I don’t know what I don’t know, but I know that. Now.

I don’t know what I don’t know, but I know that. Now.

My brother has a fascinating mind. 

We call him Google because he just knows stuff, and when you are with him, it is just as quick to ask him than what it is to pull out your phone and ask Siri.

Although I have to say, Siri and a broad Scottish accent have some compatibility issues, so that might be why her response is doggedly slow.

My brother spends his time reading and soaking up facts. He isn’t a big book reader, but he is an extensive font of knowledge. He remembers stuff. It goes in, and somehow he files it away into a system that is easily searched, referenced and decanted back to a quizzical audience. 

He is a mental magician and never ceases to amaze me with his ability to just know. Even when I secretly check on what he tells me, it confirms what I suspect. My brother just knows.

On the other hand, there is me. I am an avid book reader, taking in information and laying it around my brain like the owner of a village corner store haberdashery. The data is sort of there somewhere, but you might need to rummage around a bit to find what you need. It has a general location, but some things might be in a place of cross-fertilisation. Also, please note that an exact match could be difficult, but I might have something vaguely similar to what you are looking for. I will get close to what you need, toss around some options and sell you on that thought. 

That would be my answer, and I am sticking with it.

That is what is inside my head. It is excellent when I need to make up sh*t because it is easily accessible, quick and malleable, but it is mightily confused at the point of recall.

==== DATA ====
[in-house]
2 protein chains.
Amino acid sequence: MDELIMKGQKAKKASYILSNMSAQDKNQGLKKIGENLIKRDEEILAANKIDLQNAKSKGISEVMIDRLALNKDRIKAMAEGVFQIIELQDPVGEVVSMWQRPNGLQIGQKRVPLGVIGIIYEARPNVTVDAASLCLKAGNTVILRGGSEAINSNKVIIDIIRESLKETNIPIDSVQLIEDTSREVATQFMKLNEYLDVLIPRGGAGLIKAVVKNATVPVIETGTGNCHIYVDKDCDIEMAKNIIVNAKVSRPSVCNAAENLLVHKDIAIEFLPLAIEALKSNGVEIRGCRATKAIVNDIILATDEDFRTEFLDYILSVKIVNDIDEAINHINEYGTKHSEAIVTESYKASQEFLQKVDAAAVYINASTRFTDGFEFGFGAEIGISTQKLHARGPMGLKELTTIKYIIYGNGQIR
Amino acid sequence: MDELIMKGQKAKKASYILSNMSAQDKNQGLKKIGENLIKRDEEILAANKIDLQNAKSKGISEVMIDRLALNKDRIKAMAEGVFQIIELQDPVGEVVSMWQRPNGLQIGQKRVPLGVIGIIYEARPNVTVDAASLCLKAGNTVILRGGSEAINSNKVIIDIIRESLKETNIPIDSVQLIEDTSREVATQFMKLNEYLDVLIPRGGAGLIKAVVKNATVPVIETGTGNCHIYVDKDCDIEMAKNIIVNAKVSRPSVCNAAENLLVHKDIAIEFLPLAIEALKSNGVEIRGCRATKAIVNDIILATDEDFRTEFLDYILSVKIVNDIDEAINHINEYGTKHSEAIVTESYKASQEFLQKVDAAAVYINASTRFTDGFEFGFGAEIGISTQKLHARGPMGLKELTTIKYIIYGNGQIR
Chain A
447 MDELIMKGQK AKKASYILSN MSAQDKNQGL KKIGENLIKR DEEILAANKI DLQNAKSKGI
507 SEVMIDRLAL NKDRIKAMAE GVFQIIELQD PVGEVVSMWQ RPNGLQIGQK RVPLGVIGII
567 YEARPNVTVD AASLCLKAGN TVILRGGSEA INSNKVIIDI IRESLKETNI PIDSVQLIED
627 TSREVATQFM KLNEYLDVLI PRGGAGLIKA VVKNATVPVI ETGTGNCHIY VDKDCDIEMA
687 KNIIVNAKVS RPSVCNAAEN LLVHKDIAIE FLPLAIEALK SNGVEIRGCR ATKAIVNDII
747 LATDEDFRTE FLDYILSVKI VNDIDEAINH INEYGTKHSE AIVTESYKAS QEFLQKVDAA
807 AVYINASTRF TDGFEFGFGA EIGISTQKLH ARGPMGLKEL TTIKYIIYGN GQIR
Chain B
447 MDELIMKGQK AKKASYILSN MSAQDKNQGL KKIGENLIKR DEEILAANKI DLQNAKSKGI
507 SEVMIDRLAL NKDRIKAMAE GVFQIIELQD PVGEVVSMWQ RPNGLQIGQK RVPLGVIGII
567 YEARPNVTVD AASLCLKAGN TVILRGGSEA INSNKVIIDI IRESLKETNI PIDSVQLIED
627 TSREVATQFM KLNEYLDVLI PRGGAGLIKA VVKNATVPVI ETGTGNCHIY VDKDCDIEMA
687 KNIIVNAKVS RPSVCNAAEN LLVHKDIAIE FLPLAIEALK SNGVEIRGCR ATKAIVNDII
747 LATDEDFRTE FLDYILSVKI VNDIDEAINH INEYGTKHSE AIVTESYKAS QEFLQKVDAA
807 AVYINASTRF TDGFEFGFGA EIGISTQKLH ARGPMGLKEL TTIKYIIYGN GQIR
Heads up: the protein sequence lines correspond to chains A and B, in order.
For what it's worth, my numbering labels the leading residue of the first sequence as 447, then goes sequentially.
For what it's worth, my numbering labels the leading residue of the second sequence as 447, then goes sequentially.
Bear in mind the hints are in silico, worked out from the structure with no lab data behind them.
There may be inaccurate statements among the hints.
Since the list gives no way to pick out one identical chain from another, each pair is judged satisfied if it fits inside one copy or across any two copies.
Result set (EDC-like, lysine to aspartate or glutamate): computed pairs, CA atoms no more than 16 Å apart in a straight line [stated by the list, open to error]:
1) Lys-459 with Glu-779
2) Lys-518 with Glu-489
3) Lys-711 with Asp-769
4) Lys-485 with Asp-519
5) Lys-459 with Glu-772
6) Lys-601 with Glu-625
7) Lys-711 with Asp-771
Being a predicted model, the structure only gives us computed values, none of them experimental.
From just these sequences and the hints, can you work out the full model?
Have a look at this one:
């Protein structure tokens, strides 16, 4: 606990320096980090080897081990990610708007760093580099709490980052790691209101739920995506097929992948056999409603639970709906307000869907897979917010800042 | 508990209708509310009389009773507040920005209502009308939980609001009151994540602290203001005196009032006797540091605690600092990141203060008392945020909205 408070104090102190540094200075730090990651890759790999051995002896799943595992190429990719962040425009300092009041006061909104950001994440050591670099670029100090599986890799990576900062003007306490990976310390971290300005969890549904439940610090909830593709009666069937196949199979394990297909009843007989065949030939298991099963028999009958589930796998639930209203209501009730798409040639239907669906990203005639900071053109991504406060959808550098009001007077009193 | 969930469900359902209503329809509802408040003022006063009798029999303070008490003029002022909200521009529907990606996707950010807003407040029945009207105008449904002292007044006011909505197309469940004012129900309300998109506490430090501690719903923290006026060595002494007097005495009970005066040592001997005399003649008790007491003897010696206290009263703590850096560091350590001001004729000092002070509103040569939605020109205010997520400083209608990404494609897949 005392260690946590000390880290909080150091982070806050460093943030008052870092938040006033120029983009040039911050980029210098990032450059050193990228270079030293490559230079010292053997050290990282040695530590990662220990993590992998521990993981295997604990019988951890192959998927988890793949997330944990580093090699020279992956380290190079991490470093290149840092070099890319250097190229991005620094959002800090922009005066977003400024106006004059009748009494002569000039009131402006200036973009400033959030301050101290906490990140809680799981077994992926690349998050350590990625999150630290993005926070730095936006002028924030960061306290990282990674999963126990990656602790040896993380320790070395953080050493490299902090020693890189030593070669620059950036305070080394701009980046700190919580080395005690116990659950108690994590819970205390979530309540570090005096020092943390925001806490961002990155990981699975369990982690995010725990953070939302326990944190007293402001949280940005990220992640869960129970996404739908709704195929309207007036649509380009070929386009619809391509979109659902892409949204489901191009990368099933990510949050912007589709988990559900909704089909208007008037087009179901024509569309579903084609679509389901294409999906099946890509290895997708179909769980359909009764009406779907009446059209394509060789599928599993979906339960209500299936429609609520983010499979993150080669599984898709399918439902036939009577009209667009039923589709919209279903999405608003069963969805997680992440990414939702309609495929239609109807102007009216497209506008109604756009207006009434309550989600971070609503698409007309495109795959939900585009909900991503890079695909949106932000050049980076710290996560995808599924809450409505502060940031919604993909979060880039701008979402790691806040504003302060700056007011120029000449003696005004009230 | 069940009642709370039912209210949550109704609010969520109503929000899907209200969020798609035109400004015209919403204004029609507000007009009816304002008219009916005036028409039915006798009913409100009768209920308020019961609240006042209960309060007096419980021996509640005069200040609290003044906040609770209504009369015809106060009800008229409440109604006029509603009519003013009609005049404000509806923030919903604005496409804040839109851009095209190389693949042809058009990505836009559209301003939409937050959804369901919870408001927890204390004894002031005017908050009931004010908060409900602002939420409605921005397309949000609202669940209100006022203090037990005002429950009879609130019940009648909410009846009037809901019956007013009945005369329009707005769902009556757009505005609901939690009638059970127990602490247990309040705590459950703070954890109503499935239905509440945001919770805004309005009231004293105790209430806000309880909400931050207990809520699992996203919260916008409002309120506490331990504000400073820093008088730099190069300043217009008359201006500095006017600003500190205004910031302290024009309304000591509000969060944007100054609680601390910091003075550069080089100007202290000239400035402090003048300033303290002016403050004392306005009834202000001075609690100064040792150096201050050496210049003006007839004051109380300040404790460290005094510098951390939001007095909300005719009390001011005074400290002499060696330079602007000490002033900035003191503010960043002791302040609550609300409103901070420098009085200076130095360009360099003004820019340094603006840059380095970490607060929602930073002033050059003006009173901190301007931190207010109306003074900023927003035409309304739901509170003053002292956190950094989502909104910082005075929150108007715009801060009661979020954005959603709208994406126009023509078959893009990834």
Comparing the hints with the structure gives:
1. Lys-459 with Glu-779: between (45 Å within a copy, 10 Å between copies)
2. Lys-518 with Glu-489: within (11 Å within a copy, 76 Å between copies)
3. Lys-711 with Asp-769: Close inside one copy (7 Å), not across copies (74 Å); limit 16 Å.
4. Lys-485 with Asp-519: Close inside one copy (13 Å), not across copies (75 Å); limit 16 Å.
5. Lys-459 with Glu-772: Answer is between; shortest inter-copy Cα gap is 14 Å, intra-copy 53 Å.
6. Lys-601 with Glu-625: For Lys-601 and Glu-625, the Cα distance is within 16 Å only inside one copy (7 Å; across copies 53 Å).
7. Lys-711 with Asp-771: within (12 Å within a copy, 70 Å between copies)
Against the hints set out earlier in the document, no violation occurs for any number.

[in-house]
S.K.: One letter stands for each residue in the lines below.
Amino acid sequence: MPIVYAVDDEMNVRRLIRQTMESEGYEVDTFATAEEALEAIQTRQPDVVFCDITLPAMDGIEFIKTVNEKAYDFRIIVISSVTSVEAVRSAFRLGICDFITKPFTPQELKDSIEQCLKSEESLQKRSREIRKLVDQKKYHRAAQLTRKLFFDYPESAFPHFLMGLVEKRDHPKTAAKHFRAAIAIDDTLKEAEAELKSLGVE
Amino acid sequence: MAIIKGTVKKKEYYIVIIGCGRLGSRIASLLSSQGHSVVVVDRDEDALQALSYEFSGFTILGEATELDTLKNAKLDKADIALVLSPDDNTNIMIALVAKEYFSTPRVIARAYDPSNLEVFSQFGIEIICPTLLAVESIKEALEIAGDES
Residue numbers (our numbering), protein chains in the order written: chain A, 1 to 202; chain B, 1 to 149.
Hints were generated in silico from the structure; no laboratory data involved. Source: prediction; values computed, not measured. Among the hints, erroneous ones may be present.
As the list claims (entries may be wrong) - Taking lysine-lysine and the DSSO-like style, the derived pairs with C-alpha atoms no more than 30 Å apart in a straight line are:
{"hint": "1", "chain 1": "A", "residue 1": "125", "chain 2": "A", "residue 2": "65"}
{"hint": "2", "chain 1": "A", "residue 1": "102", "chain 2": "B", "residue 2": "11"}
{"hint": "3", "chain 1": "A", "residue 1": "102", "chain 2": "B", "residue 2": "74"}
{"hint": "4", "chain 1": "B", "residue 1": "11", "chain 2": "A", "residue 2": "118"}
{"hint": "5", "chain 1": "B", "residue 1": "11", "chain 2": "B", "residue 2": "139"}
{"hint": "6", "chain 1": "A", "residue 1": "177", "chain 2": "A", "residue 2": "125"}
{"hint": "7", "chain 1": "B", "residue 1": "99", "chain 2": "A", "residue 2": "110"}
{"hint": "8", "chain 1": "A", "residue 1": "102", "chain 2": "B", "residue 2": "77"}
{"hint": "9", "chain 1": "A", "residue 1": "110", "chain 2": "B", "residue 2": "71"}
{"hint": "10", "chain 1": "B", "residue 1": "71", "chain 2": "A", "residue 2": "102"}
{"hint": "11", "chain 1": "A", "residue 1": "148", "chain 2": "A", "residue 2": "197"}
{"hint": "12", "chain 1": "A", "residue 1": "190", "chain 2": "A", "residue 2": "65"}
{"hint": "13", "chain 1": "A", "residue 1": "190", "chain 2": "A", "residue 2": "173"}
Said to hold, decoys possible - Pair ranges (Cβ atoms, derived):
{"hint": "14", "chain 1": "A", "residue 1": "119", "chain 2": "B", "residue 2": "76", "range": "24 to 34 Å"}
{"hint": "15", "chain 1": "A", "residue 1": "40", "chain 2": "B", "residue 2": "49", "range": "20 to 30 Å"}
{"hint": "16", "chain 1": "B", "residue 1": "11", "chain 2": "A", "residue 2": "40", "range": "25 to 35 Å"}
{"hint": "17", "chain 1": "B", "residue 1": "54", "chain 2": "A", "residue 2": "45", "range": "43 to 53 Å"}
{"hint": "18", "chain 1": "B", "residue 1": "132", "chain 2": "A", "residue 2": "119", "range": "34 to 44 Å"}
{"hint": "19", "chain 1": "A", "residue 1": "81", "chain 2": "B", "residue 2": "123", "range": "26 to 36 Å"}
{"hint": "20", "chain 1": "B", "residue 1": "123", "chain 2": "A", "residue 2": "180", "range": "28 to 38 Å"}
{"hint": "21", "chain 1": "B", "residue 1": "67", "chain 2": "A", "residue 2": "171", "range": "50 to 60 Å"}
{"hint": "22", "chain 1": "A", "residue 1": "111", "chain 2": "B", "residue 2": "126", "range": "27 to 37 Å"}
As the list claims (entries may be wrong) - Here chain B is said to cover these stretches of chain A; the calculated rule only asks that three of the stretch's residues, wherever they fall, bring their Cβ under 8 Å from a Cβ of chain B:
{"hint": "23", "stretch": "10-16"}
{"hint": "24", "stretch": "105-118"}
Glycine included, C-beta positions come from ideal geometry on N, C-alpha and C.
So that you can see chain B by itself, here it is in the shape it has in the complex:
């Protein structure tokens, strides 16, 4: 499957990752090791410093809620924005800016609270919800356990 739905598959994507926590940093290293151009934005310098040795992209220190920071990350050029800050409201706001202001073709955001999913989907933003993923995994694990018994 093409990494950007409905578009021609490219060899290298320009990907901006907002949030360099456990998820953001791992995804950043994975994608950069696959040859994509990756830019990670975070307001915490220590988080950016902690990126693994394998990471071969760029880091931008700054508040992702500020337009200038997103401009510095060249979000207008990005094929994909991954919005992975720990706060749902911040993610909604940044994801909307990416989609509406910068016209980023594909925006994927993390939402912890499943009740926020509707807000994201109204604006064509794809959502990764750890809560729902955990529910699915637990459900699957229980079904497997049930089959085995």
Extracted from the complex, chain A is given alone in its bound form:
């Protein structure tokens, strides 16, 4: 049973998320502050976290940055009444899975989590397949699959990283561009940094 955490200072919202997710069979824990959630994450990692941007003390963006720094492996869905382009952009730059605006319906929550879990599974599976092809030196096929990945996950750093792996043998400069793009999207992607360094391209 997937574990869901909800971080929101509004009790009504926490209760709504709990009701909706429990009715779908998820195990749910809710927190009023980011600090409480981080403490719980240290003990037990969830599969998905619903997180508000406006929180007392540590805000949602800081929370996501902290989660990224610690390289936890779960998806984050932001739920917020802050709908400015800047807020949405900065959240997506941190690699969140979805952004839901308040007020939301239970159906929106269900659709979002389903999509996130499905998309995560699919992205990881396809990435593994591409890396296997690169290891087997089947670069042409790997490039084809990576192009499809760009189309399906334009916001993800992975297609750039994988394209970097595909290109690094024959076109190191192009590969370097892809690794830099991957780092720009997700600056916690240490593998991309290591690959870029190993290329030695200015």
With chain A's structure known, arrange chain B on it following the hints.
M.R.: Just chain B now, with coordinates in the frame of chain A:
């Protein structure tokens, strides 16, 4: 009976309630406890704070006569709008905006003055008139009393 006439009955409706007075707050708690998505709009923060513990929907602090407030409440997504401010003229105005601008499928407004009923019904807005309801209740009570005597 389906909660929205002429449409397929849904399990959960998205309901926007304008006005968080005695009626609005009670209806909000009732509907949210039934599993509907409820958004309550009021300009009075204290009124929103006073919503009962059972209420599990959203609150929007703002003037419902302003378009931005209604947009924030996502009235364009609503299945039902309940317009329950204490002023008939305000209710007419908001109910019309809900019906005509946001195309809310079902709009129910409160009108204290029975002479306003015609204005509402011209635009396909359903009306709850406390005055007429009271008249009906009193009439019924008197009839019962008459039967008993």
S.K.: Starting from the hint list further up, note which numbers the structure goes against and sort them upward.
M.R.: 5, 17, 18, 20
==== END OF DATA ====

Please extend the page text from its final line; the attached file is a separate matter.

My skill was always in patching together the swatches of information to make a beautiful bed throw-over. It would keep you warm in the winter, but if you looked closer, it seems the stitching was a tad rough. It was designed to give you a quick warm feeling now, not next year. And a word of caution, don’t expect it to last you for a couple of winters. That is too far away in the distance to adequately cater for, and that was never the purpose.

At the centre of making that patchwork quilt was the lack of humility to admit that I didn’t know or couldn’t quite recall enough information to answer the question that I was being asked. 

There was never any malice intended. It was just never an exact science with me. It was all about the patterns, the sewing and the threading. But when you are making quilt after quilt, it can all get a bit tiring and repetitive. So I have given it up. I have given up the needlework.

I am now brave enough to admit when I don’t know the answer. I can comfortably say that ‘I can not remember and I will need to come back to you on that. I can shrug my shoulders and pout my bottom lip with the best of them.

I now know that I know nothing.

The irony of the change in my approach is that the mental gymnastics and the brain energy spent making bed throw-overs are now given the freedom to work on different things. 

My brain can now breathe, and with each breath, my memory improves, and the sunlight of indexed information bleeds in. As unforeseen benefits go, this newfound brain has been a pleasant surprise and something that was genuinely unexpected. If only I had known this earlier in life. 

But then, you don’t know what, you don’t know.

Until you know.

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